The overarching accessibility requirement for flashing content is that if it is not below the WCAG general flash and red flash thresholds , then within a one second period it must not flash more than three times.
The following information details the WCAG general flash and red flash thresholds -
"general flash and red flash thresholds - a flash or rapidly changing image sequence is below the threshold (i.e., content passes) if any of the following are true:
- there are no more than three general flashes and / or no more than three red flashes within any one-second period; or
- the combined area of flashes occurring concurrently occupies no more than a total of .006 steradians within any 10 degree visual field on the screen (25% of any 10 degree visual field on the screen) at typical viewing distance"
So, an example of passing content would be an image sequence including two general or red flashes in one second. Or, if there are more than three general or red flashes in one second, the content would still pass if the combines area did not exceed the WCAG threshold of "25% of any 10 degree visual field on the screen."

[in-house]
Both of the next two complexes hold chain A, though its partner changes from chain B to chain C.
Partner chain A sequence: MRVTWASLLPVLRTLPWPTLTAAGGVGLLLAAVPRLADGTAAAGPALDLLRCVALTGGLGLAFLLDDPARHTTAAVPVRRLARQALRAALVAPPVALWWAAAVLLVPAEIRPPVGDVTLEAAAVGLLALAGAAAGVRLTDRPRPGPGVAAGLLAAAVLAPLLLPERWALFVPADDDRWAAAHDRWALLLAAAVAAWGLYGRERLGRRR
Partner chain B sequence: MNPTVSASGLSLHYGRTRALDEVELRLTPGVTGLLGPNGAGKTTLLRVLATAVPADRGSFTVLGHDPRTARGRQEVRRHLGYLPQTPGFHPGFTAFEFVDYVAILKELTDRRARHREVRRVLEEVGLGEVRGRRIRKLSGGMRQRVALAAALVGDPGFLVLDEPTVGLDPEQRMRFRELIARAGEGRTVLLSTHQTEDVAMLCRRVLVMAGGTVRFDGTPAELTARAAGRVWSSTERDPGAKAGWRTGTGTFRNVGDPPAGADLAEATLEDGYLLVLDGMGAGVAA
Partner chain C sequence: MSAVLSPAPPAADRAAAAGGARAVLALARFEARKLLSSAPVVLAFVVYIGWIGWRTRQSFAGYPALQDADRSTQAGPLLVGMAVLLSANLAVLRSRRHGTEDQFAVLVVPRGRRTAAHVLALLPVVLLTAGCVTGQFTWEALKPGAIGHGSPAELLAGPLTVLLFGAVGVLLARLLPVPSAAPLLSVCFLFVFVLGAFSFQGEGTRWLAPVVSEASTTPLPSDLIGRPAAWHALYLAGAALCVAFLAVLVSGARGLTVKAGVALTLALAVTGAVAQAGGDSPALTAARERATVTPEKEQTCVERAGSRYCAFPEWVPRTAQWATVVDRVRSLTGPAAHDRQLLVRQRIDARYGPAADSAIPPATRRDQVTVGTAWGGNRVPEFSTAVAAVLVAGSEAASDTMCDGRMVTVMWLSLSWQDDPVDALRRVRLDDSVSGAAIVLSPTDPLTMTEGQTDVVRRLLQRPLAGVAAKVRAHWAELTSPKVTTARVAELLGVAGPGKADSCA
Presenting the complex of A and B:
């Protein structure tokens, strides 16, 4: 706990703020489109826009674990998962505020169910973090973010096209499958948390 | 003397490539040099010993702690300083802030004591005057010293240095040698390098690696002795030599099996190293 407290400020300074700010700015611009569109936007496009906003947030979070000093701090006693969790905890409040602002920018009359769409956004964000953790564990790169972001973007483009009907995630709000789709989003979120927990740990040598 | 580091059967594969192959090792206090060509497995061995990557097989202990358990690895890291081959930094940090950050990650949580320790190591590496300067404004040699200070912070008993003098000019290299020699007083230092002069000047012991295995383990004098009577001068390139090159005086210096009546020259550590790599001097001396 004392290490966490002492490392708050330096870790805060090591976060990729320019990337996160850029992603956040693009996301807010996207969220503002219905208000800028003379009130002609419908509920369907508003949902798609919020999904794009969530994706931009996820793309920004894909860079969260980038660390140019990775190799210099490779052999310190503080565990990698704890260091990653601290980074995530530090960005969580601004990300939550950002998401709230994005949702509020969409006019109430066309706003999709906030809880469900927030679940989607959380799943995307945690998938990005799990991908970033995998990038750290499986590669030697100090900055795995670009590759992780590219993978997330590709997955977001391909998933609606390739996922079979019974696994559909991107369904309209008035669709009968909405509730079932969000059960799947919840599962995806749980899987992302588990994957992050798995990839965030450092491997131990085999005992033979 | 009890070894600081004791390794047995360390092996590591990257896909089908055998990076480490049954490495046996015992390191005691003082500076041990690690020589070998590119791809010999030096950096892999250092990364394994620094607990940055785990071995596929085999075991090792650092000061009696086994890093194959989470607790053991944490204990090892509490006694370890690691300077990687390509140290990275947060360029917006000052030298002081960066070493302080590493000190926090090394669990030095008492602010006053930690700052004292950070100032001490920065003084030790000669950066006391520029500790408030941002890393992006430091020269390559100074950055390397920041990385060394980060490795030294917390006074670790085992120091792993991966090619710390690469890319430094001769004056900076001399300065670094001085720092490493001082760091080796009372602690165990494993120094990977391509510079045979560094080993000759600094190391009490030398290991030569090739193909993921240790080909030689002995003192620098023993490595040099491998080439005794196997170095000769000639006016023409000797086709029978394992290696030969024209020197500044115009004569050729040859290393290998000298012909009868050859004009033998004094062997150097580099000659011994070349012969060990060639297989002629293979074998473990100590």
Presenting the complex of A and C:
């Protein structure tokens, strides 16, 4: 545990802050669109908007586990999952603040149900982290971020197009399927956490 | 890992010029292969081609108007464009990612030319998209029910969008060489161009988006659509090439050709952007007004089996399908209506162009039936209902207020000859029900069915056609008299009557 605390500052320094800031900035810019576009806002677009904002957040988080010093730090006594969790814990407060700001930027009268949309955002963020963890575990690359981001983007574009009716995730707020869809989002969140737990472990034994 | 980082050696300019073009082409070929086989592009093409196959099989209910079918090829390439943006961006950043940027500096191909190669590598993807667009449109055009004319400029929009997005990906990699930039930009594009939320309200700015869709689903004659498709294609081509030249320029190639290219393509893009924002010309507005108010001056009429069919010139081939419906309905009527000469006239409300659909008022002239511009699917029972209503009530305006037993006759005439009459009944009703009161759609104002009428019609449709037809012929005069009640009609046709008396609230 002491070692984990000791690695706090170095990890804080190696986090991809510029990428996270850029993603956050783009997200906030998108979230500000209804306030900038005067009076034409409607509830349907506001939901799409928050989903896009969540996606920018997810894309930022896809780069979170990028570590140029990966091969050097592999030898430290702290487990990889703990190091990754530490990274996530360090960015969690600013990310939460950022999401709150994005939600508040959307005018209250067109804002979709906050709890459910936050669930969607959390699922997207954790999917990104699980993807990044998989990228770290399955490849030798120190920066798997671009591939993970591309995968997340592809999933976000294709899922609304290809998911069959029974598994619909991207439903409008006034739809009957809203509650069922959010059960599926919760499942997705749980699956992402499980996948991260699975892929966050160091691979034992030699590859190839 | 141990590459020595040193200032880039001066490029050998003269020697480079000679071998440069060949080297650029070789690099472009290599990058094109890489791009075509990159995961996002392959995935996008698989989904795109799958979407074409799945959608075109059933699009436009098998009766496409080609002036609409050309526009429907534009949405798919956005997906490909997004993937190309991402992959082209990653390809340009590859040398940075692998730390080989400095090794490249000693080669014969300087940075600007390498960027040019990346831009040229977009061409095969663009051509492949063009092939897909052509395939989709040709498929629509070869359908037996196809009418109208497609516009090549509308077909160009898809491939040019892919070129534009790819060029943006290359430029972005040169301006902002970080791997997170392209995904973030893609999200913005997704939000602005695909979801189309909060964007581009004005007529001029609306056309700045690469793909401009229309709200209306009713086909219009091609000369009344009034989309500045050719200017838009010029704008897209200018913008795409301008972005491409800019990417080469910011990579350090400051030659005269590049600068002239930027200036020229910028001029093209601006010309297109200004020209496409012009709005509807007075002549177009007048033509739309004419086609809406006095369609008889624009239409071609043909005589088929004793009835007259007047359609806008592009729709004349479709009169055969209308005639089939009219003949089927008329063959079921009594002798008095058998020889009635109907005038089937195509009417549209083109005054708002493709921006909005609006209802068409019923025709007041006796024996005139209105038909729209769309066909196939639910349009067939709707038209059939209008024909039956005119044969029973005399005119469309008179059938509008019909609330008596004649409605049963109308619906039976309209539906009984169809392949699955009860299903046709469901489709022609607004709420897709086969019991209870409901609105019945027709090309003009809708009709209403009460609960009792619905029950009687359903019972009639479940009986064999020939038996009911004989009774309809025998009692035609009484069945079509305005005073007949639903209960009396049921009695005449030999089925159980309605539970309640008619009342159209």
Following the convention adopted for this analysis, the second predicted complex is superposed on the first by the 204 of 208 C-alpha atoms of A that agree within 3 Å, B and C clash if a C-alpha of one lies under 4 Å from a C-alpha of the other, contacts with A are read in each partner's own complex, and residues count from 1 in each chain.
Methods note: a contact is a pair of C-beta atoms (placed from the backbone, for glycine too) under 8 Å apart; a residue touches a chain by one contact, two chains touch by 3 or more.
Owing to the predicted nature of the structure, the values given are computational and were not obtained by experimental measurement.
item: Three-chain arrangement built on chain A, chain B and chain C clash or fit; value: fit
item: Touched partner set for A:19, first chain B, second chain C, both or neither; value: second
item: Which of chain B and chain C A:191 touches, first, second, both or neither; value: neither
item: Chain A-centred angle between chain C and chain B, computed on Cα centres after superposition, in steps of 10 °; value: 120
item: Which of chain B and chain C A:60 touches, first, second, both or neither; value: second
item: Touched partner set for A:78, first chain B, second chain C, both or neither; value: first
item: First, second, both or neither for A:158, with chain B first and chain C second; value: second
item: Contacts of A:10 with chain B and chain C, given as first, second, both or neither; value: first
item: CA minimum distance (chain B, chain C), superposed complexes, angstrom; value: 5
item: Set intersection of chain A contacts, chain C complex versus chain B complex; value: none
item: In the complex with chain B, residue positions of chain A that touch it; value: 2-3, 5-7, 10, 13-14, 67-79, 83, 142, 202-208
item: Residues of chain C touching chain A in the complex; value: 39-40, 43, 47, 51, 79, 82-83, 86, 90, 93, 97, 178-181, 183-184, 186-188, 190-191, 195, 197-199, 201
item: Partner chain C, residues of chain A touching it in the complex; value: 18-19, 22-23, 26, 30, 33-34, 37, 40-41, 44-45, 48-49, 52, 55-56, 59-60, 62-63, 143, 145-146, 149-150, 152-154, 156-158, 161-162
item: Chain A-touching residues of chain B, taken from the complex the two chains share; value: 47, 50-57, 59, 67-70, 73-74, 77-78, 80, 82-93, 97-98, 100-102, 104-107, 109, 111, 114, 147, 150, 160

Additionally, it is important to understand what WCAG defines as a "general flash" and a "red flash":
- "A general flash is defined as a pair of opposing changes in relative luminance of 10% or more of the maximum relative luminance where the relative luminance of the darker image is below 0.80; and where "a pair of opposing changes" is an increase followed by a decrease, or a decrease followed by an increase, and
- A red flash is defined as any pair of opposing transitions involving a saturated red.
Exception: Flashing that is a fine, balanced, pattern such as white noise or an alternating checkerboard pattern with "squares" smaller than 0.1 degree (of visual field at typical viewing distance) on a side does not violate the thresholds."
You can use the Photosensitive Epilepsy Analysis Tool (PEAT) to test flashing content and ensure it meets the WCAG guidelines.